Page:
4. There is an implicit hierarchy of concepts starting with concrete objects at the ‘root level’ given as occurence in a concrete situation. Other concepts of ‘higher levels’ refer to concepts of lower levels.
  5. There are different kinds of relations between objects on different conceptual levels.
  6. The usage of language expressions presupposes structures which can be associated with the expressions as their ‘meanings’. The mapping between expressions and their meaning has to be learned by each actor separately, but in cooperation with all the other actors, with which the actor wants to share his meanings.
  7. It is assume that all the processes which enable the generation of concepts, concept hierarchies, relations, meaning relations etc. are unconscious! In the consciousness one can  use parts of the unconscious structures and processes under strictly limited conditions.
  8. To ‘learn’ dedicated matters and to be ‘critical’ about the quality of what one is learnig requires some disciplin, some learning methods, and a ‘learning-friendly’ environment. There is no guaranteed method of success.
  9. There are lots of unconscious processes which can influence understanding, learning, planning, decisions etc. and which until today are not yet sufficiently cleared up.

 

 

 

 

 

 

 

 

ACTOR-ACTOR INTERACTION ANALYSIS – BLUEPRINT: Top-Down

eJournal: uffmm.org,
ISSN 2567-6458, 13.February 2019
Email: info@uffmm.org
Author: Gerd Doeben-Henisch
Email: gerd@doeben-henisch.de

Last corrections: 14.February 2019 (add some more keywords; added  emphasizes for central words)

CONTEXT

An overview to the enhanced AAI theory  version 2 you can find here.  In this post we talk about the blueprint  of the whole  AAI analysis process  in the top-down version. Here I leave out the topic of actor models (AM) and the topic of simulation. For these topics see other posts.

THE AAI ANALYSIS BLUEPRINT

Blueprint of the whole AAI analysis process including the epistemological assumptions. Not shown here is the whole topic of actor models (AM) and as well simulation.
Blueprint of the whole AAI analysis process including the epistemological assumptions. Not shown here is the whole topic of actor models (AM) and as well simulation.

The Actor-Actor Interaction (AAI) analysis is understood here as part of an  embracing  systems engineering process (SEP), which starts with the statement of a problem (P) which includes a vision (V) of an improved alternative situation. It has then to be analyzed how such a new improved situation S+ looks like; how one can realize certain tasks (T)  in an improved way.

DRIVING ACTORS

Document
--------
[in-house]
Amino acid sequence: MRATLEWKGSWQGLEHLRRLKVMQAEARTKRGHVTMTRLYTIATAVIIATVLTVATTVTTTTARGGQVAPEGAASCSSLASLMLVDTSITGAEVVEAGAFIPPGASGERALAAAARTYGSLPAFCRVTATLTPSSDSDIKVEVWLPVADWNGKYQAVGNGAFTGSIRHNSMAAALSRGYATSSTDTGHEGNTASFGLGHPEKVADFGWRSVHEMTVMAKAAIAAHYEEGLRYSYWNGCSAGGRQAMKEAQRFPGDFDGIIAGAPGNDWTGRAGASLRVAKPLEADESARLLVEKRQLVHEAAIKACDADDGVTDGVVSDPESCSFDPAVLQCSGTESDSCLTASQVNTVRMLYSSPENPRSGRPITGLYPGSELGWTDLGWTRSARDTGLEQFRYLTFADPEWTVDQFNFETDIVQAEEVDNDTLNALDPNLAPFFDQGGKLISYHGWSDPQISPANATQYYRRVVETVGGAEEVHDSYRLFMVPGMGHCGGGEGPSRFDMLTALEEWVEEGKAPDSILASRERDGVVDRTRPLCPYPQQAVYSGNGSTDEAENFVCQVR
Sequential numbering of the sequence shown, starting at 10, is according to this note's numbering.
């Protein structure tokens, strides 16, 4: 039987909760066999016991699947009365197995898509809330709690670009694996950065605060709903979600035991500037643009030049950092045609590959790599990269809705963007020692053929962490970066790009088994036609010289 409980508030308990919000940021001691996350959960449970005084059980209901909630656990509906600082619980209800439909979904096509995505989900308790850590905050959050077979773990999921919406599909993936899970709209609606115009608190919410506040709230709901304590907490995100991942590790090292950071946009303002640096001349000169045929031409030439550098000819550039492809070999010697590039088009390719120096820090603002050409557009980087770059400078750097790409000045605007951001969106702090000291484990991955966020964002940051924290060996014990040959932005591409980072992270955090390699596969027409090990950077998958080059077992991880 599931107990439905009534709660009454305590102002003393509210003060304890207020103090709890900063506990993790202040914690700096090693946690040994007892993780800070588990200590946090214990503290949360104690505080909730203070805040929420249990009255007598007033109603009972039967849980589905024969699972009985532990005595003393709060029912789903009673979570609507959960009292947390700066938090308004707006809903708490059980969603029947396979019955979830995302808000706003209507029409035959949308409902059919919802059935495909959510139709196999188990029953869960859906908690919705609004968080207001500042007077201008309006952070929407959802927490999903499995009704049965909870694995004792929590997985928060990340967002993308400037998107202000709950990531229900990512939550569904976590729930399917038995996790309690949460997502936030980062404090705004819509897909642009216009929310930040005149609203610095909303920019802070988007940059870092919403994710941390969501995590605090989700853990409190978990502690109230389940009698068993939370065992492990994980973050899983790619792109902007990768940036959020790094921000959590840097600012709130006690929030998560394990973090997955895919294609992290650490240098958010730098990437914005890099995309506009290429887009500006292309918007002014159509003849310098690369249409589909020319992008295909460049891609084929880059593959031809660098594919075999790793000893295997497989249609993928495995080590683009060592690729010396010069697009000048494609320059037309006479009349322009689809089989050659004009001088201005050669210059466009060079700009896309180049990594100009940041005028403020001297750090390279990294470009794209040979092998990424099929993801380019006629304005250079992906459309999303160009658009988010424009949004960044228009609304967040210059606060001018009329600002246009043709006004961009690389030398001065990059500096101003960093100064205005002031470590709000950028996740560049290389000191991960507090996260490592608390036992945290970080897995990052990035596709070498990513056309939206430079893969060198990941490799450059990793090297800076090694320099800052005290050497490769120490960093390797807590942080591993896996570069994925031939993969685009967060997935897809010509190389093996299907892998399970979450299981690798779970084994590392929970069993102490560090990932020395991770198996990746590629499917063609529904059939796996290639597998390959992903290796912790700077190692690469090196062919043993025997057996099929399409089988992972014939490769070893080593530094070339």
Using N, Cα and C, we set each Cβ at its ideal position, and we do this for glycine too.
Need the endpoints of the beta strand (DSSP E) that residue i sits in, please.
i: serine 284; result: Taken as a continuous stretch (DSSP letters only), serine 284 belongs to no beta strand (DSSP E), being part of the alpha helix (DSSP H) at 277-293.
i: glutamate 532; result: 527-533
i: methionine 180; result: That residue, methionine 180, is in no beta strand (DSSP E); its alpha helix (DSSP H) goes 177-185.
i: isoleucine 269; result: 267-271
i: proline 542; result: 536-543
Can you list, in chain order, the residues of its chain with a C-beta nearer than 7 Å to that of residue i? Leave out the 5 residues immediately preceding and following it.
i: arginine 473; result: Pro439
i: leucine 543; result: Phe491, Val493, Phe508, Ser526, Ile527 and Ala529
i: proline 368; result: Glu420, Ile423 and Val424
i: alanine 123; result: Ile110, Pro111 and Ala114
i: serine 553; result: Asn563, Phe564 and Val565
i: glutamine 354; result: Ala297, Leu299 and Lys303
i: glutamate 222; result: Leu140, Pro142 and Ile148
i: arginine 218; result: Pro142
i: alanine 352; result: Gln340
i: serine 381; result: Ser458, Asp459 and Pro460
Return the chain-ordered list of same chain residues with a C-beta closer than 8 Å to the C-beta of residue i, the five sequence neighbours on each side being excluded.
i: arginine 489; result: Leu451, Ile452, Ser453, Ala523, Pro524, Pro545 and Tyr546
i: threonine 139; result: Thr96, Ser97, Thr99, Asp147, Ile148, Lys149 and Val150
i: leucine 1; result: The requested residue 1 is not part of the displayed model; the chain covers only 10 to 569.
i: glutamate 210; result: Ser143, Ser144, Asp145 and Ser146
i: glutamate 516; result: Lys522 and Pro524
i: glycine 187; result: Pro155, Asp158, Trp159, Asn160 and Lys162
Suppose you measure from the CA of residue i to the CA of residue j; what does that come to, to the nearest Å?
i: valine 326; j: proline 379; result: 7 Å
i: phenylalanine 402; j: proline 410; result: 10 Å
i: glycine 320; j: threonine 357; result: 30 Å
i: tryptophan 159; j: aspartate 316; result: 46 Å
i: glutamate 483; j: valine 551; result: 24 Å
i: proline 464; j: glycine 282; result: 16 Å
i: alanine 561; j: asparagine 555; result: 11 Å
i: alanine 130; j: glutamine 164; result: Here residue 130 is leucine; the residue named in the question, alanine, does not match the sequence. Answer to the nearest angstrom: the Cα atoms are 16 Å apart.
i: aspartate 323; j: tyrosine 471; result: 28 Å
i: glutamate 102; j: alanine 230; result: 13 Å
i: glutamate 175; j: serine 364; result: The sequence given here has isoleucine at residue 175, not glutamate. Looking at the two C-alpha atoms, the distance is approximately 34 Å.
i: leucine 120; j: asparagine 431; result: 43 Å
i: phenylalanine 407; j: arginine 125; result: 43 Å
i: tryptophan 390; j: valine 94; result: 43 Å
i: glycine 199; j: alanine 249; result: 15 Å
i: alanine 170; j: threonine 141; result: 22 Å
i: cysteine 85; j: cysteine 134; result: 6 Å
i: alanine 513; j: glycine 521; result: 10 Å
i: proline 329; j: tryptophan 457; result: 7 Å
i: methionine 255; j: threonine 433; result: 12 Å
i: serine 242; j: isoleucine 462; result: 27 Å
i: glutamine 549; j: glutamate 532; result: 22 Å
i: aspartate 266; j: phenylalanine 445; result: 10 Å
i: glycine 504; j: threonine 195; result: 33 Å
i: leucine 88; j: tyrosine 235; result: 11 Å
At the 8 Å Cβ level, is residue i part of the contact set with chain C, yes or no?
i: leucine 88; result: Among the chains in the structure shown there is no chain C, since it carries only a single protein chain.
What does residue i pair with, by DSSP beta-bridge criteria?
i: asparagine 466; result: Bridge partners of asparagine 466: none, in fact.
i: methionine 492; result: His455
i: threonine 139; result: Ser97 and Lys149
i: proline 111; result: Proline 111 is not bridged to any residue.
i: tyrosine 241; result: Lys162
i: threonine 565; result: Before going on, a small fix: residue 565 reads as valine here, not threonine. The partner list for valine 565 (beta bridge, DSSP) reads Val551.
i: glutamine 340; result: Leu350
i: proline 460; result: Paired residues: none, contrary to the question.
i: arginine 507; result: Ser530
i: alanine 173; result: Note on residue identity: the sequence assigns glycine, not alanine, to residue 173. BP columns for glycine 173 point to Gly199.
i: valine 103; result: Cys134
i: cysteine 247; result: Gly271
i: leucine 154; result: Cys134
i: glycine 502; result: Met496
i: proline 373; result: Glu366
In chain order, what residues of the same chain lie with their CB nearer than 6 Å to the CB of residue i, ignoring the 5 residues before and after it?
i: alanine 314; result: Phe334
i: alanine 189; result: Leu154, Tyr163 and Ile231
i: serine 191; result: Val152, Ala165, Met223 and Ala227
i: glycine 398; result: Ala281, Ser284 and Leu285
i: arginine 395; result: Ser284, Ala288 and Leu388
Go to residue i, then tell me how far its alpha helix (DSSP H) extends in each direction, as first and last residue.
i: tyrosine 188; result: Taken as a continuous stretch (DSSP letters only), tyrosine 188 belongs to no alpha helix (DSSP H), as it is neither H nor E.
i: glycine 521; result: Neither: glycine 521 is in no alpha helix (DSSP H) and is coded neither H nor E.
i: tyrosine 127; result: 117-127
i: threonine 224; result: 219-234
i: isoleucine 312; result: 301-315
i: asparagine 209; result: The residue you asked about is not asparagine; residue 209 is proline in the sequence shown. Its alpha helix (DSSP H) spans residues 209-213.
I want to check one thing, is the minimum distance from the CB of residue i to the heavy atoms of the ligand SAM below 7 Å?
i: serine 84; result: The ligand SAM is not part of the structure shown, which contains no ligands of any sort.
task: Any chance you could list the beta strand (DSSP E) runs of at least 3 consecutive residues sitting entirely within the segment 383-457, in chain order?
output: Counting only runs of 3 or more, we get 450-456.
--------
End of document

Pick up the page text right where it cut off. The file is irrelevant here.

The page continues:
The driving actors for such an AAI analysis are some stakeholders which communicate a problem P and a vision V and some experts with at least some AAI experts, which take the lead in the process of elaborating the vision.

EPISTEMOLOGY

It has to be taken into account that the driving actors are able to do this job because they  have in their bodies brains (BRs) which in turn include  some consciousness (CNS). The processes and states beyond the consciousness are here called ‘unconscious‘ and the set of all these unconscious processes is called ‘the Unconsciousness’ (UCNS).

SEMIOTIC SUBSYSTEM

An important set of substructures of the unconsciousness are those which enable symbolic language systems with so-called expressions (L) on one side and so-called non-expressions (~L) on the other. Embedded in a meaning relation (MNR) does the set of non-expressions ~L  function as the meaning (MEAN) of the expressions L, written as a mapping MNR: L <—> ~L. Depending from the involved sensors the expressions L can occur either as acoustic events L_spk, or as visual patterns written L_txt or visual patterns as pictures L_pict or even in other formats, which will not discussed here. The non-expressions can occur in every format which the brain can handle.

While written (symbolic) expressions L are only associated with the intended meaning through encoded mappings in the brain,  the spoken expressions L_spk as well as the pictorial ones L_pict can show some similarities with the intended meaning. Within acoustic  expressions one can ‘imitate‘ some sounds which are part of a meaning; even more can the pictorial expressions ‘imitate‘ the visual experience of the intended meaning to a high degree, but clearly not every kind of meaning.

DEFINING THE MAIN POINT OF REFERENCE

Because the space of possible problems and visions it nearly infinite large one has to define for a certain process the problem of the actual process together with the vision of a ‘better state of the affairs’. This is realized by a description of he problem in a problem document D_p as well as in a vision statement D_v. Because usually a vision is not without a given context one has to add all the constraints (C) which have to be taken into account for the possible solution.  Examples of constraints are ‘non-functional requirements’ (NFRs) like “safety” or “real time” or “without barriers” (for handicapped people).